I thought I had everything I needed to submit my memoir: a beautifully polished manuscript, a detailed marketing proposal, and a well-written query letter. But—surprise!—I found out I needed a synopsis, too.
It’s really quite easy, I discovered after preliminary research. All you have to do is hit on your book’s highlights, while simultaneously illustrating the dramatic arc in gripping scenes that drive the plot and convey the universal appeal of the story in the voice and style of your original piece. And don’t forget to demonstrate your stunning mastery of the marketplace. All in 500 words or less.
It reminded me of my first driving lesson on the freeway.
“There’s nothing to it,” said my driving instructor Mike, as I inched on to I-95, gripping the wheel. “Just adjust your speed to match the flow of traffic, check your blind spot, flip on your blinker, and step on the gas. And whatever you do, don’t stop in the merge lane!”
We managed to enter and exit the freeway, thanks to the car’s dual driving controls. I never did master merging, but there was no way I was going to steer clear of writing a synopsis.
Weeks later, my office was littered with reams of printed-out instructions for writing a synopsis, testimonies from writers describing how they tore their hair out attempting it, and the grisly remains of my own failed efforts.
I’d come to a dead-end. So when my friend and fellow writer Debbie asked me what I wanted for my birthday, I didn’t have to think long.
“I’d love a few hours of synopsis support,” I said.
Debbie agreed and before we started, I got to work using a synopsis worksheet I purchased online for $10.00. A week later, with Debbie’s help and the worksheet, my synopsis was finished.
Debbie’s gift was the best birthday present anyone could have given me. I’d like to pass it on to you with five synopsis “travel tips” I learned along the way, which ultimately led to a published book.
1. Find a friend or mentor (Dual controls)
Knowing there is a friend or colleague willing to critique your synopsis and holding you to a deadline gives you the confidence and incentive to finish your work. You’re in the driver’s seat, but it’s reassuring to know there is someone beside you, keeping an eye out for “Wrong Way” or “Road Hazard Ahead” signs.
2. Read other memoir or novel synopses (Road map)
Research the synopses of your favorite memoirs or novels to use as a template for sketching out your own. Be sure to include a one- or two-sentence “log line,” which serves as a road map to your story. Composing the log line will save you time (and many wrong turns) by compelling you to identify the central conflict on which your story turns, often with an ironic twist. Below is the log line for the classic Hitchcock film Notorious:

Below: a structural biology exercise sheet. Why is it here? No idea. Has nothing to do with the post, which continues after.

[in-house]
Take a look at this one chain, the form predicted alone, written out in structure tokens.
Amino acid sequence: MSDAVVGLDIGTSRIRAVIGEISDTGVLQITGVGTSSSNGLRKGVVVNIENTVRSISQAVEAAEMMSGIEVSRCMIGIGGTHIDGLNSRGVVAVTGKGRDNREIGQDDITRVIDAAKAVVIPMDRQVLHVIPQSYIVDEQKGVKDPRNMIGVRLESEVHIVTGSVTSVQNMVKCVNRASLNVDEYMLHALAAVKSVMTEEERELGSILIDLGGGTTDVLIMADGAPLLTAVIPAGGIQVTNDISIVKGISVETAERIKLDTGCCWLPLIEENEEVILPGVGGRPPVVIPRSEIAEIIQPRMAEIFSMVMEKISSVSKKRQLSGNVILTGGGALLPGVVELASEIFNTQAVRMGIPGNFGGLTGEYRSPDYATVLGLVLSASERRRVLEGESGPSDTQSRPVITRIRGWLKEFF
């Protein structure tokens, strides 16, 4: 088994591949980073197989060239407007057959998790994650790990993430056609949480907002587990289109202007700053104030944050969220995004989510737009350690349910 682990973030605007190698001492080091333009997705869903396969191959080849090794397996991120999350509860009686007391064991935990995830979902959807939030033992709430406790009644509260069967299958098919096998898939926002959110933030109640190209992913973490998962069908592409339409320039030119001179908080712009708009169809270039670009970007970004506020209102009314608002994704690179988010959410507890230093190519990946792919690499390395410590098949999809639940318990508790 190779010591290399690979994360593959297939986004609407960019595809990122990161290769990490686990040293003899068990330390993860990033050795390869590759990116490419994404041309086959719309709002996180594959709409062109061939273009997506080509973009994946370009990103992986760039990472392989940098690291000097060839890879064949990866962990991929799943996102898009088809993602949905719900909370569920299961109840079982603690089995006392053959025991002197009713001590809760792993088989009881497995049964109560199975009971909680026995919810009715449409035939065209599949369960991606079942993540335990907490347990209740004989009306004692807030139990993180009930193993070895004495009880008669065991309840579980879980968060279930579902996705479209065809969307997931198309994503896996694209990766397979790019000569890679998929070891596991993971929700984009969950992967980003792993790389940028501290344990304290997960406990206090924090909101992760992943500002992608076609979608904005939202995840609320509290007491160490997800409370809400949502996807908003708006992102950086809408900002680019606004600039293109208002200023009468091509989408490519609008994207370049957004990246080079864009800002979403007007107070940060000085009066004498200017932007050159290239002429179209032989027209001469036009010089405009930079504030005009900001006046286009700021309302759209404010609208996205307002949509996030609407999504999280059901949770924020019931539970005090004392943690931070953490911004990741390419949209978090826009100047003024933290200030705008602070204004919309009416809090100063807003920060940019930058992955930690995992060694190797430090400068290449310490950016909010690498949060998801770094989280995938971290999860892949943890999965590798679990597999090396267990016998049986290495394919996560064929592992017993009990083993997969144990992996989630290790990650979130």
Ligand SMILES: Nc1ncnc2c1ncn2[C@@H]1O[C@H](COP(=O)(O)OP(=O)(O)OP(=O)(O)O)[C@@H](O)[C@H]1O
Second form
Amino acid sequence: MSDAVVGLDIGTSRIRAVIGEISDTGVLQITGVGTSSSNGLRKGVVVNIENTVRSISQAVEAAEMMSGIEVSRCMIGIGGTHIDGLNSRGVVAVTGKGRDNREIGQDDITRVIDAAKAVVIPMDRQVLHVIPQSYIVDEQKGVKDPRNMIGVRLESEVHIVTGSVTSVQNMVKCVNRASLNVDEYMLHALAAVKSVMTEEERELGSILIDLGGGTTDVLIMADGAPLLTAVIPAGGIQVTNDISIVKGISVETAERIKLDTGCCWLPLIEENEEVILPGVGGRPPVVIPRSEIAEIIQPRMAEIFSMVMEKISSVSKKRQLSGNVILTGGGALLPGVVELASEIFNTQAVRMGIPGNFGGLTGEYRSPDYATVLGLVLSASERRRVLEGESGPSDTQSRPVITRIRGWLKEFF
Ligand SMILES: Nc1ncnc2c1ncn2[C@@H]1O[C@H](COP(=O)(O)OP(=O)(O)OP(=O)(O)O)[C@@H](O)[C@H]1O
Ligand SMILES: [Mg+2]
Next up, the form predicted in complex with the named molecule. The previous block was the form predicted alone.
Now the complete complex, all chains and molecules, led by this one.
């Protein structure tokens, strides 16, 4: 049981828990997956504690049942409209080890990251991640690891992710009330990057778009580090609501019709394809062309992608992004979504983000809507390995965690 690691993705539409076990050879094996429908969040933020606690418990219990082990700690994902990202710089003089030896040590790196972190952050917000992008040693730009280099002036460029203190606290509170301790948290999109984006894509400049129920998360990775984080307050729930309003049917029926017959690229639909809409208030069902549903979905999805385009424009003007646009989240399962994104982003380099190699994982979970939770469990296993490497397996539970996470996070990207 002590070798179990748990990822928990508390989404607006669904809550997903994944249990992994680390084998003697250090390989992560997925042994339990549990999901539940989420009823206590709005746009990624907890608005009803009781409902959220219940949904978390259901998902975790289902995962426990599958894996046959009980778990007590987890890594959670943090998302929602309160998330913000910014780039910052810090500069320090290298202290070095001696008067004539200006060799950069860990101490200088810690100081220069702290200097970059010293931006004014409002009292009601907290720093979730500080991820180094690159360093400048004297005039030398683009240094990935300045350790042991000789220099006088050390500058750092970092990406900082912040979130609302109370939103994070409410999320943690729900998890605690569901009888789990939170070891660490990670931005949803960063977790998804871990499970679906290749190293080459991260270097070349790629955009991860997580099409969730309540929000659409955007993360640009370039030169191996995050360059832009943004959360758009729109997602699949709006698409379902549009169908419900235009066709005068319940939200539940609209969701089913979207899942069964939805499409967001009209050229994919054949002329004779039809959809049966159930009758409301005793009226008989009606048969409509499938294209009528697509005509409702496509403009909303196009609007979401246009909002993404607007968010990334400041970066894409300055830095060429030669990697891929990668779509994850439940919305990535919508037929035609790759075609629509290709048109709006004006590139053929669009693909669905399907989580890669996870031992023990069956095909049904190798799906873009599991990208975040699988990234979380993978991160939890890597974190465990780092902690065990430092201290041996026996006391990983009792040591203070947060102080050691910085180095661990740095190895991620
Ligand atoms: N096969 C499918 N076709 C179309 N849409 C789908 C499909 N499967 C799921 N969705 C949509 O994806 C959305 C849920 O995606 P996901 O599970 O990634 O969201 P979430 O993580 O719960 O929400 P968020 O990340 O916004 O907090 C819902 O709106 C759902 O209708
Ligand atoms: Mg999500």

“The self-destructive daughter of a convicted traitor is asked by the American agent she loves to seduce a Nazi in South America. When the Nazi asks her to marry him, she has to decide how far she will deceive him in order to discover his plans.”
3. Take it to the next level (Steep hill ahead)
In the movie You’ve Got Mail, Joe Fox, played by Tom Hanks, is heading to a restaurant to meet his anonymous email soulmate (Meg Ryan) for the first time. Joe is a nervous wreck. What if his dream girl isn’t the girl for him at all? Joe’s assistant offers him some relationship advice:
“You’re taking it to the next level… I always take a relationship to the next level, and if it works okay, I take it to the next level after that.”
Remember, you’re not trying to write a perfect synopsis on the first try. You’re just taking it to the next level. If all you do is organize your papers, you’re taking it to the next level. Tell yourself you’ll worry about the level after that tomorrow.
4. Amplify your strengths (Sound your horn)
Once you have a rough draft, identify the words or phrases that best capture the style and personality of your story, and emphasize those as you assemble your synopsis. Include references to any published work and (yes!) your mastery of the market.
5. Revise relentlessly (Left lane for U-turn)
Circle back before submitting your synopsis; read it to a friend or colleague, or record and play it back, listening for awkward phrasing, redundancies, or omissions. The ear often picks up what the eye overlooked.
With the speed bumps in the rearview mirror, it’s time to step on the synopsis gas, keeping your destination clearly in mind. There is no sight more heartening than a green light from an agent or editor!
Working on a your synopsis? You might also enjoy other great guest blogs focused on writers.